Our founder Jules divulges how we’re working to overcome challenges as a start-up business in the midst of a global pandemic.
What would your advice be for entrepreneurs right now?
1. Prepare for the worst, but hope for the best
As soon as COVID-19 broke out in February, I sat down with our COO and Head of Finance and together we built a contingency plan following a variation of scenarios. At the time, we had no idea of the magnitude of the lockdown, but one of the scenarios we considered early on accounted for the shutdown of all physical retailers—which of course was then realised. It’s also helpful to understand what government help is available.
2. Focus on sustainability rather than top line growth
For the majority of us, this isn’t a time for growth—it's a time for survival. Many small businesses like ours may not survive the next 12 months. All marketing initiatives should be focused on high ROI activities. You need to make sure every dollar is making you a dollar. At this stage, we have no idea of the economic hit we are all going to have to endure, so regardless of your cash position, you should be focused on controlling your cash. For us, we do this by increasing our retention, better servicing the customers, and not overspending on any activity which will not materialise into revenue.
3. Look after your team
Culture initiatives like workout classes, quizzes and daily meetings with the camera on! It’s good for human connection. Create an environment where people feel comfortable to be open about their mental health or struggles. This is a testing time for everyone; we will all have our down days. Normalise them. A healthy team produces better, more meaningful work.
What tools do you think are most important to allow small businesses to survive or thrive during this?
Slack is great for keeping in touch throughout the day, Zoom (camera on!) for team meetings and Databox is a great platform designed to create dashboards. This way, we are able to monitor everything including daily traffic to the site, transactions per channel, our conversion rate and marketing spend ROI. These are all metrics we track daily either way, but something I motivate everyone to do during these unpredictable times.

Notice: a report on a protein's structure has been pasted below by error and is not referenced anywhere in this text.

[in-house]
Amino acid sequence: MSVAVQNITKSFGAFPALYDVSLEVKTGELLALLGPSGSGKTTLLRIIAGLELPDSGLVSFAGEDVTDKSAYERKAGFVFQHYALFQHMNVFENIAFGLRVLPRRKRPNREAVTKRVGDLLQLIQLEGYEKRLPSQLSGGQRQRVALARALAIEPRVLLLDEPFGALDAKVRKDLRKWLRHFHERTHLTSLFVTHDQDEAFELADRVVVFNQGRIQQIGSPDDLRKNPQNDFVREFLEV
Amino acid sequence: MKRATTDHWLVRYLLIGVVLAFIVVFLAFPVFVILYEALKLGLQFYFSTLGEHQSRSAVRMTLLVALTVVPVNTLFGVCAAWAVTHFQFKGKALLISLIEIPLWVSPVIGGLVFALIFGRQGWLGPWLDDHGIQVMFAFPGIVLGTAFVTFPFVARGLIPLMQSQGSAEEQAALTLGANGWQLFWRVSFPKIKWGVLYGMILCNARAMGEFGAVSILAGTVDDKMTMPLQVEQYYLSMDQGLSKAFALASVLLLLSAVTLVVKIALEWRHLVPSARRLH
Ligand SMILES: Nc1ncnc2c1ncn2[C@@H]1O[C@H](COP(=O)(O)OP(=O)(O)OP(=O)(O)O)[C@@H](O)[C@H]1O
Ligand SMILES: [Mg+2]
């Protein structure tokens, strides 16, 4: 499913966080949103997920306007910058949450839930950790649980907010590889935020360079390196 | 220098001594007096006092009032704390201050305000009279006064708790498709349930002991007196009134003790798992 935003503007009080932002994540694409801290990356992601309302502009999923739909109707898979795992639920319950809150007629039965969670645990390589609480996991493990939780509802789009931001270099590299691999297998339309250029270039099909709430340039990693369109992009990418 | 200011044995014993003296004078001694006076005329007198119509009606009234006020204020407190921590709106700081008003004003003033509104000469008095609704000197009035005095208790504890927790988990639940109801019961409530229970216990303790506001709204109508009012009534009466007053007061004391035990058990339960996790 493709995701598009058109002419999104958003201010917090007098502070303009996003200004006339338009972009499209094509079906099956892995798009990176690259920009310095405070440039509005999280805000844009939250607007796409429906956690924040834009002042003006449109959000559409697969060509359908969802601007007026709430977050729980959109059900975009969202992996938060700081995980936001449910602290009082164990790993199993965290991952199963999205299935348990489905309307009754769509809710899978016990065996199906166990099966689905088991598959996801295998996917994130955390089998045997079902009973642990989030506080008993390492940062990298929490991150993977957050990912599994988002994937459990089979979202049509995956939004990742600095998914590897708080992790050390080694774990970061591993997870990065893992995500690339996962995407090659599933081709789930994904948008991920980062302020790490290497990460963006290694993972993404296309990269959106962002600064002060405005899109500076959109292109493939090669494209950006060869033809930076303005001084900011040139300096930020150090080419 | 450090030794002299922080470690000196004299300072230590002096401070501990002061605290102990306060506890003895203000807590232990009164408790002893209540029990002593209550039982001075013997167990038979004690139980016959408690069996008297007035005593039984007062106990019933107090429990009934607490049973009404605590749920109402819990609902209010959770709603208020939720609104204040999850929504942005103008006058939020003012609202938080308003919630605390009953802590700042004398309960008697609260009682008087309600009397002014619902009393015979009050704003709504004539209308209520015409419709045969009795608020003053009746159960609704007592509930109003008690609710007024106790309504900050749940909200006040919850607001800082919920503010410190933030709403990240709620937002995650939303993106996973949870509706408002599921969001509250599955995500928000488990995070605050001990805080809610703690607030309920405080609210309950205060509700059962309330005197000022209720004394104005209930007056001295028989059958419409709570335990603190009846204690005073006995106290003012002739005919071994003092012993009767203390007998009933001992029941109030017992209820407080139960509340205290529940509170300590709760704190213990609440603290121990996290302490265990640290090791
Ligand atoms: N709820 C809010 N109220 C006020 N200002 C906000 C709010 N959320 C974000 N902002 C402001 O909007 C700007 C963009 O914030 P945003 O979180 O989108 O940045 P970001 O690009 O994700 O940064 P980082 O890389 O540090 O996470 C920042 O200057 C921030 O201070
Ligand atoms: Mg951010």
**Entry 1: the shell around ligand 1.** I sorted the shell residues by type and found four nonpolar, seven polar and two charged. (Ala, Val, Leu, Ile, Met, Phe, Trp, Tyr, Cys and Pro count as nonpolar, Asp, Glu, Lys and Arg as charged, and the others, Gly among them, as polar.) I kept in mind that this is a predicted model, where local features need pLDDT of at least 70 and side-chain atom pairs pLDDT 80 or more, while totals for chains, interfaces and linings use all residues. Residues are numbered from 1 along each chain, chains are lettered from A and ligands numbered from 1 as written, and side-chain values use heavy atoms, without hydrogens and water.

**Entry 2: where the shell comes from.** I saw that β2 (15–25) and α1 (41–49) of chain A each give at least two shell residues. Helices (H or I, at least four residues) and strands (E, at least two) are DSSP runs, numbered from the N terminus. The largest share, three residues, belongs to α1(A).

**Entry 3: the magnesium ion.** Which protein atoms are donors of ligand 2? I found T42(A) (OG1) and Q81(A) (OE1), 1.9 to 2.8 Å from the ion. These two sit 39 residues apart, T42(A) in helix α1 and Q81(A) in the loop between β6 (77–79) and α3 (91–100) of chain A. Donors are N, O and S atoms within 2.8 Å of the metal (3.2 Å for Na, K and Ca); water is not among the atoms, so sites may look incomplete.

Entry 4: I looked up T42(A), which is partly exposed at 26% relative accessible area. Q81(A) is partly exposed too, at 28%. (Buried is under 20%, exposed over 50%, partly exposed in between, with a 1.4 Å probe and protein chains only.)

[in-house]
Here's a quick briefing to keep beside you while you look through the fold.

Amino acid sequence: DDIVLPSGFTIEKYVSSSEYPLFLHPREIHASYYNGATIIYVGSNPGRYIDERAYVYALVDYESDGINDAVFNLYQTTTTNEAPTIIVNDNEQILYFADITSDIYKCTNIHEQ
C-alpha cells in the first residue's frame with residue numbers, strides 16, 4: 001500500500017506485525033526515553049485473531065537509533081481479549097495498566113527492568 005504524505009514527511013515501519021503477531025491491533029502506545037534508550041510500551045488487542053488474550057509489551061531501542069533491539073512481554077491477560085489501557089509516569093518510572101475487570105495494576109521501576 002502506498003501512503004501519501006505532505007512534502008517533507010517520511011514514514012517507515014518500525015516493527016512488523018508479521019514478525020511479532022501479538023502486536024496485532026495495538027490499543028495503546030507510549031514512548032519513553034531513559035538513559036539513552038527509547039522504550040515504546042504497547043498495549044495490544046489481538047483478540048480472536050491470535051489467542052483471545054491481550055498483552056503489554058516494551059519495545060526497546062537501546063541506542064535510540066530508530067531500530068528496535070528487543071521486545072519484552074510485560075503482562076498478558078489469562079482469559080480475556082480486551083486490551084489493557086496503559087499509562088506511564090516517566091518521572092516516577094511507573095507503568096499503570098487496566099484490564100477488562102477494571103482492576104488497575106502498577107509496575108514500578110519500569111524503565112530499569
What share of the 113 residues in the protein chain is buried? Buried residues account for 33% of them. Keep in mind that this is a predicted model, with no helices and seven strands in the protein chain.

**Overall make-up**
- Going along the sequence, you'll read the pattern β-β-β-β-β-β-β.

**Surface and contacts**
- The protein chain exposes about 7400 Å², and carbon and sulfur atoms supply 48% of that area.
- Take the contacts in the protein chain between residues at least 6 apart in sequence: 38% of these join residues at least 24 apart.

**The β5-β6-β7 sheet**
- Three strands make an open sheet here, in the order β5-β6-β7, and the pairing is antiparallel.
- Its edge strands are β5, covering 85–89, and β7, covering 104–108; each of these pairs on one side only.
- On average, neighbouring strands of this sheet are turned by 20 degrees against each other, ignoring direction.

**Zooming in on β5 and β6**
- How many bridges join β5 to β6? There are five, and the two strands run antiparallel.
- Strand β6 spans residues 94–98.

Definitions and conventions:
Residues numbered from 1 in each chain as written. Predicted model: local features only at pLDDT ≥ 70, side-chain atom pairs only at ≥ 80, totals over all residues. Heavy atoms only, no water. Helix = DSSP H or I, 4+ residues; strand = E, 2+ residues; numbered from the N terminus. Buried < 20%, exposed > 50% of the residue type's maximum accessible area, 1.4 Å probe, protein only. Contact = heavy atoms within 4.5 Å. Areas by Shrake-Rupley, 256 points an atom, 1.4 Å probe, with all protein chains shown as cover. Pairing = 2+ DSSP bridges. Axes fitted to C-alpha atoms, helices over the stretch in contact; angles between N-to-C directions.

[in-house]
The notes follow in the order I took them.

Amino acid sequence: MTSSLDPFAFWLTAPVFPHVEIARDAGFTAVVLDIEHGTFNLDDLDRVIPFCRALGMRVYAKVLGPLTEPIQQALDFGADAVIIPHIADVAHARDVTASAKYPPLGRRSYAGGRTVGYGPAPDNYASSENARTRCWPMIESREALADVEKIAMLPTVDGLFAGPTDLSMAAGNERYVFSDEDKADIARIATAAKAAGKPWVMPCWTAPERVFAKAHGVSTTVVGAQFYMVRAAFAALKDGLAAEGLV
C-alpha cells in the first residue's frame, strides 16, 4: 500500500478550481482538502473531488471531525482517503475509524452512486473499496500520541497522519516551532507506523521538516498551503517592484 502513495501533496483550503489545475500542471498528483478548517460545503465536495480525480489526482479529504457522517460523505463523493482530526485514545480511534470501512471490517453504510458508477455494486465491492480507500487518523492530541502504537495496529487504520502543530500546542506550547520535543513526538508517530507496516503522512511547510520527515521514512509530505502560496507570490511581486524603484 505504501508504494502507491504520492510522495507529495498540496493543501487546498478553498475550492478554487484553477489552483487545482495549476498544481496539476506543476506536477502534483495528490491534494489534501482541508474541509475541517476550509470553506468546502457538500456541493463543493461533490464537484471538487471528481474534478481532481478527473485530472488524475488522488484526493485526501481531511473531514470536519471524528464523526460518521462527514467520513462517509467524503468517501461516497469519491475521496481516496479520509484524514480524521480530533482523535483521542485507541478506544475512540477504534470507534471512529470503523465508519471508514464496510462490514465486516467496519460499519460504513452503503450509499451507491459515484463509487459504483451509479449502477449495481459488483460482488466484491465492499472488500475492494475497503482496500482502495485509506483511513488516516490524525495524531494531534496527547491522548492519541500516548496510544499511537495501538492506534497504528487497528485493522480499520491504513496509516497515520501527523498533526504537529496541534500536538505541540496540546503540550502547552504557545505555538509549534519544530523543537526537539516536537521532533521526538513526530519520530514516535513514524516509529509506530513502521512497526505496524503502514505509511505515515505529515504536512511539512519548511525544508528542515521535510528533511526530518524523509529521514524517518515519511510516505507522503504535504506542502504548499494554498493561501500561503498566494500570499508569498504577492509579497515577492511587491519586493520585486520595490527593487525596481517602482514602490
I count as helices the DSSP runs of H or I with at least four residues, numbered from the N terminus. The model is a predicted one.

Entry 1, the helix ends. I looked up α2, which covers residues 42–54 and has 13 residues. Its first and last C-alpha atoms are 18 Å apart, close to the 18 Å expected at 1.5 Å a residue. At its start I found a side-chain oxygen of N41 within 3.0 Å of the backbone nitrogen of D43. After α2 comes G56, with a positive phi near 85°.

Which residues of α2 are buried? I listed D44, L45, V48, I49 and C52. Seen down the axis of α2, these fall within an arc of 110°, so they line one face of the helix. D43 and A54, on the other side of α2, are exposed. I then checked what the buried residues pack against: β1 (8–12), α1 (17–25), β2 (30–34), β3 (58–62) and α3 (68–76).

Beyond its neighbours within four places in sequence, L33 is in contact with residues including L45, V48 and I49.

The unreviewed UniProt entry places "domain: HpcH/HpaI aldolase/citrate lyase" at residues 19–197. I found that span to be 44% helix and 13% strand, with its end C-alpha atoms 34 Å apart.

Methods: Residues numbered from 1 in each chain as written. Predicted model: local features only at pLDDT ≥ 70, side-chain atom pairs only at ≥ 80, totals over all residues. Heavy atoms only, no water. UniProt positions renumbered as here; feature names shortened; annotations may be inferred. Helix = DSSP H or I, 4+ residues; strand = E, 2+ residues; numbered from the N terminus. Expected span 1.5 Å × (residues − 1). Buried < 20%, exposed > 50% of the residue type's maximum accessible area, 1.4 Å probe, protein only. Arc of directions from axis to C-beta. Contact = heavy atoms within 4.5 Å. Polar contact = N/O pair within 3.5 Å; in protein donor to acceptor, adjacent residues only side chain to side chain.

What was the biggest challenge you faced in launching The Nue Co.?
Retaining clarity of thought. The bigger you get, the more capital you raise, and the more opinions you have to welcome into your thought process. It’s important to have a vision, and see it through. I’m not saying you need to be close-minded—after all, I’ve always raised capital to strengthen my team and further my knowledge—however, you need to have conviction and confidence in your decisions.
What has remote working taught you?
Routine is necessary and communication is key. It is also possible to apply a hard stop at 7pm. I’ve definitely been late on some deadlines, but it’s not a life or death situation. Prior to the lockdown, I often worked in the office until 8pm, then continued to work from bed until midnight. I was starting to develop migraines simply due to the hours I was working.
How do you stay focused while working at home?
I have my first cup of coffee in the morning (an oat milk cappuccino) with 2x capsules of NOOTRO-FOCUS, a supplement designed to heighten mental clarity and sharpen your focus with both immediate and long-term results. I’m at my desk for 8/8.30am. After catching up with emails, I’m ready to dial in with the team for our 9am kick-off meeting, which we’ve held every day since working remotely. It’s a great way to be able to say hi to the team, and keep myself and everyone on a standard schedule.
What motivates you?
Creating something new; I love innovation, whether its a brand campaign or working on a new formulation. I love that I’m in the business of making people feel better—it’s so rewarding. Of course, my team and my investors too. I love watching people grow with the company. I love that they make me a better leader in the process.
How has the coronavirus pandemic affected your business?
The biggest challenge has been managing our supply chain. With most of our packaging coming from Italy (they produce the best quality pharmaceutical-grade glass we could find!), we’ve had to find ways to simplify our supply chain.
This, of course, is only a good thing. It forces us to think more locally, which is a more sustainable way to manage your operations.
What technology are you finding the most useful, professionally and personally?
One of my go-to apps is Keynote. The presentation is really clear, simple and you can customize the layout—I use it a lot when I draft my pitches. I also use Google Calendar, Slack for all company communications, and Monday for our team to organize, track, and manage tasks. The Reminders app is also helpful for anything on my to-do list.
Do you have a motto that you apply to business?
Do what makes you happy! In the past three years, I’ve learnt first-hand of the sacrifices that most entrepreneurs make. They are rarely talked about since we’re privileged in so many ways, but almost every entrepreneur I know becomes isolated to some degree. Putting every shred of energy and effort into your business often means that you have very little left for your friends, family and yourself. The highs are so high but the lows are so low that you have to truly love what you are doing in order to get through.